Album review: DAVE DAVIES – I Will Be Me

Cleopatra [Release date 04.06.13]

Partly autobiographical and partly fictive imagery but always routed in a spiritual feel, Dave Davies’s ‘I Will Be Me’ is an uneven but ultimately enjoyable album. He veers from the past – referencing his riff driven contribution to The Kinks on ‘Little Green Amp’ – and teeters on the brink of the future in the company of The Jayhawks and Beatlesque bv’s, on the choral ‘Remember The Future’. Ultimately he settles for self affirmation on the title track, the brackets of which provide him with the album title.

Dave Davies has for long claimed that he was a frustrated songwriter in The Kinks. But on the evidence of his sporadic solo output and the inconsistency of this album it seems to be only partly true. He certainly has inspired moments, as he works his way through a musical diverse set.

He’s also invited a suitable array of different guests from punk rockers Anti-Flag and stoner rock band Dead Meadow, to Brit blues rockers the Oli Brown Band and Psychedelic folky Gina X, with whom he shares the lead vocal on ‘When I First Saw You’. There’s even room for the legendary session guitarist Chris Spedding on the closing title track.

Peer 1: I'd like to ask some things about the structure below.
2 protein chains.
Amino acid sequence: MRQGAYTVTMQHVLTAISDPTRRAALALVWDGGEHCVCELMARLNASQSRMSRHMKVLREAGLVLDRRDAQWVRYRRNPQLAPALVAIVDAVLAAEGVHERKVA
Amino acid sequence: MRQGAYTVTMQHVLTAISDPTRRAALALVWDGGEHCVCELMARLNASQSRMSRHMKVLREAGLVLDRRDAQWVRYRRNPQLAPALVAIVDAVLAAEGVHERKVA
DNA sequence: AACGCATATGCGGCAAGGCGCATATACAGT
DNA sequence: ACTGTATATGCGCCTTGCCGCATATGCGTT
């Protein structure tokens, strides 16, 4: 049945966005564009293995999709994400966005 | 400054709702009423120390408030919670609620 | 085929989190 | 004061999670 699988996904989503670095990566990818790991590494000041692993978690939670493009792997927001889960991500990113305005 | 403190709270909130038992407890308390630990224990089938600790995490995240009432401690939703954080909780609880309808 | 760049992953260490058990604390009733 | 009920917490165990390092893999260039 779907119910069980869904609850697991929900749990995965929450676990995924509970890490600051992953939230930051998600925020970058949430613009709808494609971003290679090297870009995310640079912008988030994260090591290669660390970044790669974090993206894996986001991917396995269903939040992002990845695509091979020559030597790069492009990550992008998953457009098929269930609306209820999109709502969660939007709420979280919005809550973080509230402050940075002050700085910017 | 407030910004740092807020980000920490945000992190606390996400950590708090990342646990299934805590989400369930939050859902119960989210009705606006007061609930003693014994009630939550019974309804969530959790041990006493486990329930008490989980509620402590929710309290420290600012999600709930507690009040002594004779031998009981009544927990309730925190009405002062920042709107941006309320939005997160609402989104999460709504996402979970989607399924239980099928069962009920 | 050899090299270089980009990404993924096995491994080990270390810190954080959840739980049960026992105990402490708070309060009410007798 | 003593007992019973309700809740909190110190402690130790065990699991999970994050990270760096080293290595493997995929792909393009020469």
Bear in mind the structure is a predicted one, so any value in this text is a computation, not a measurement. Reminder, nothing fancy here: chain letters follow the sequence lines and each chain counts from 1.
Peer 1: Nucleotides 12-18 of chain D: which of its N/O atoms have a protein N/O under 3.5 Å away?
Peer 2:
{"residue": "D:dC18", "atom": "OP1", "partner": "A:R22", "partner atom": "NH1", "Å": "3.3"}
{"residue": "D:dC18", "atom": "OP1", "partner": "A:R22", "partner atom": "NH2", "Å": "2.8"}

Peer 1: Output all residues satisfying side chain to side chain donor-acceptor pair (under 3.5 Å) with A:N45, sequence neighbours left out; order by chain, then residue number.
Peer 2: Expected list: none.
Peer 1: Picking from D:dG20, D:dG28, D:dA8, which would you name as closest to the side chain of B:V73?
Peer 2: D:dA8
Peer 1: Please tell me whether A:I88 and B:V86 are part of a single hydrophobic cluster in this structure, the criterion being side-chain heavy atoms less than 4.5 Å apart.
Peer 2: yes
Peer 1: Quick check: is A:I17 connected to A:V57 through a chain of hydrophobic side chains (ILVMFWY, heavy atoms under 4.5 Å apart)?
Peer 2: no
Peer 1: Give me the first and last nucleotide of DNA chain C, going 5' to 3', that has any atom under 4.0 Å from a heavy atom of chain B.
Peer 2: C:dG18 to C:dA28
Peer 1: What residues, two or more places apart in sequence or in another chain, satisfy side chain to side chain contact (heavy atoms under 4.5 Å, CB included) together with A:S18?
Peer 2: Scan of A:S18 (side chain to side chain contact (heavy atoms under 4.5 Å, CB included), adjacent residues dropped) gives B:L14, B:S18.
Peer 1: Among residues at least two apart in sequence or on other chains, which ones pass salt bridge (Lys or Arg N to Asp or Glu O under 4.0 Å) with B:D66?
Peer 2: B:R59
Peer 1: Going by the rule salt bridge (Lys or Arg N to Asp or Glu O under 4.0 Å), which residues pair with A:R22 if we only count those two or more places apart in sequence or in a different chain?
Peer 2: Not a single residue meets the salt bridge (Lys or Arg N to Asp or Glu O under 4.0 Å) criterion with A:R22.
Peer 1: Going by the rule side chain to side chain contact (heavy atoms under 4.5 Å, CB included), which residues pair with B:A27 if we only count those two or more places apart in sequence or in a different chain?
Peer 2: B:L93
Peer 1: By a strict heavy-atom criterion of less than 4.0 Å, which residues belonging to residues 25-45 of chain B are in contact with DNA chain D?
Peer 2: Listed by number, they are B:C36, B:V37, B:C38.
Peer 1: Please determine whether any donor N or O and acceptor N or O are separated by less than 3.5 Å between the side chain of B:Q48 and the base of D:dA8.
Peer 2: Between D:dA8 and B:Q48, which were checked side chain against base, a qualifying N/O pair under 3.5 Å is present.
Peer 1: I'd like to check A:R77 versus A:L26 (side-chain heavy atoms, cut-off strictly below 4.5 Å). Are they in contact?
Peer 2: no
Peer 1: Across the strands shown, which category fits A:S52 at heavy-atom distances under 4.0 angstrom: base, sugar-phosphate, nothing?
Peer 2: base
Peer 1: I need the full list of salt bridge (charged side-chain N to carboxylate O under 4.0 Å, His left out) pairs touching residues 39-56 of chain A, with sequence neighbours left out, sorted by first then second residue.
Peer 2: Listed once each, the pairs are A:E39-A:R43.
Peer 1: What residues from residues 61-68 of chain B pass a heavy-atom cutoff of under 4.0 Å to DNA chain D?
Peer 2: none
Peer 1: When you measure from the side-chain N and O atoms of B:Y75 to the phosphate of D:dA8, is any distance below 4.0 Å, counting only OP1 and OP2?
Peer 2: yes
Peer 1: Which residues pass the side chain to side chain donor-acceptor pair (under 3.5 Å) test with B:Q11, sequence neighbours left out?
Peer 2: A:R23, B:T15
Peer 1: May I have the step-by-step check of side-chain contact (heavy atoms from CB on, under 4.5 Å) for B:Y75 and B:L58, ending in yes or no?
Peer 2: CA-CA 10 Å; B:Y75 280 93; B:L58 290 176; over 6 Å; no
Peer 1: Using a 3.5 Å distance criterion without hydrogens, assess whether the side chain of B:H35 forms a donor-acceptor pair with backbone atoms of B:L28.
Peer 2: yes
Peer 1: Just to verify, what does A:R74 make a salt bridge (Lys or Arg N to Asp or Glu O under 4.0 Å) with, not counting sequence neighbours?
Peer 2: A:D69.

Dave’s  best moments come when he’s less animated and swaps his bluster and distorted riffs for a subtle percussive blend of sonorous tones and layered melody on the violin led ‘The Healing Boy’, which is carried by Jonathan Lea’s electric sitar. Then there’s the reflective ‘Midnight In L.A.’, his homage to Los Angeles which telling finishes with the wistful line: London Town is oh so far away’. Both tracks benefit from being played by his regular tour band The Jigsaw Seen.

The other meditative track is less successful, as some cringe worthy and faux spiritual lyrics hampers the ambient ‘Walker Through The Worlds’. It’s not that you don’t necessarily buy into his spiritual quest, it’s just the combination of corny lyrics and his discovery of the potential of synths, contribute to the kind of a dirgy mix that sounds like an Eno cast off from the early 70’s.

At it’s worst, tracks like ‘Energy Fields’ lose their way because of an indifferent vocal and an overblown concept, while the futuristic ‘In The Mainframe’ suffers from a another dirgy drone and the slide led ‘Cote Du Rhone (I Will Be Me)’ is a kitchen sink and all rocker, that in spite of a decent observational narrative is weighed down by its own angst.

The ‘Actress’ on the other hand, could have been penned by his brother Ray, and the quirky, riff driven ‘Erotic Neurotic’, has an essential English feel and is worthy of inclusion in The Kinks song writing cannon. In the end the album just about balances it self out.

On the one hand Dave is an unreconstructed rocker with plenty to say and on the other hand he’s on a introspective spiritual quest. And if the two never quite gel, then at the very least ‘I Will Be Me’ is a spirited comeback by one of the most influential guitarist of the 60’s. At the end of the album he sings: ‘You can be anything you want’ and this album certain bears testament to that ambition. ***(3/5)

Review by Pete Feenstra


David Randall plays a selection of new and classic rock in his weekly show first broadcast 14 June 2020 including reference to the Feature series “2020 Vision”.


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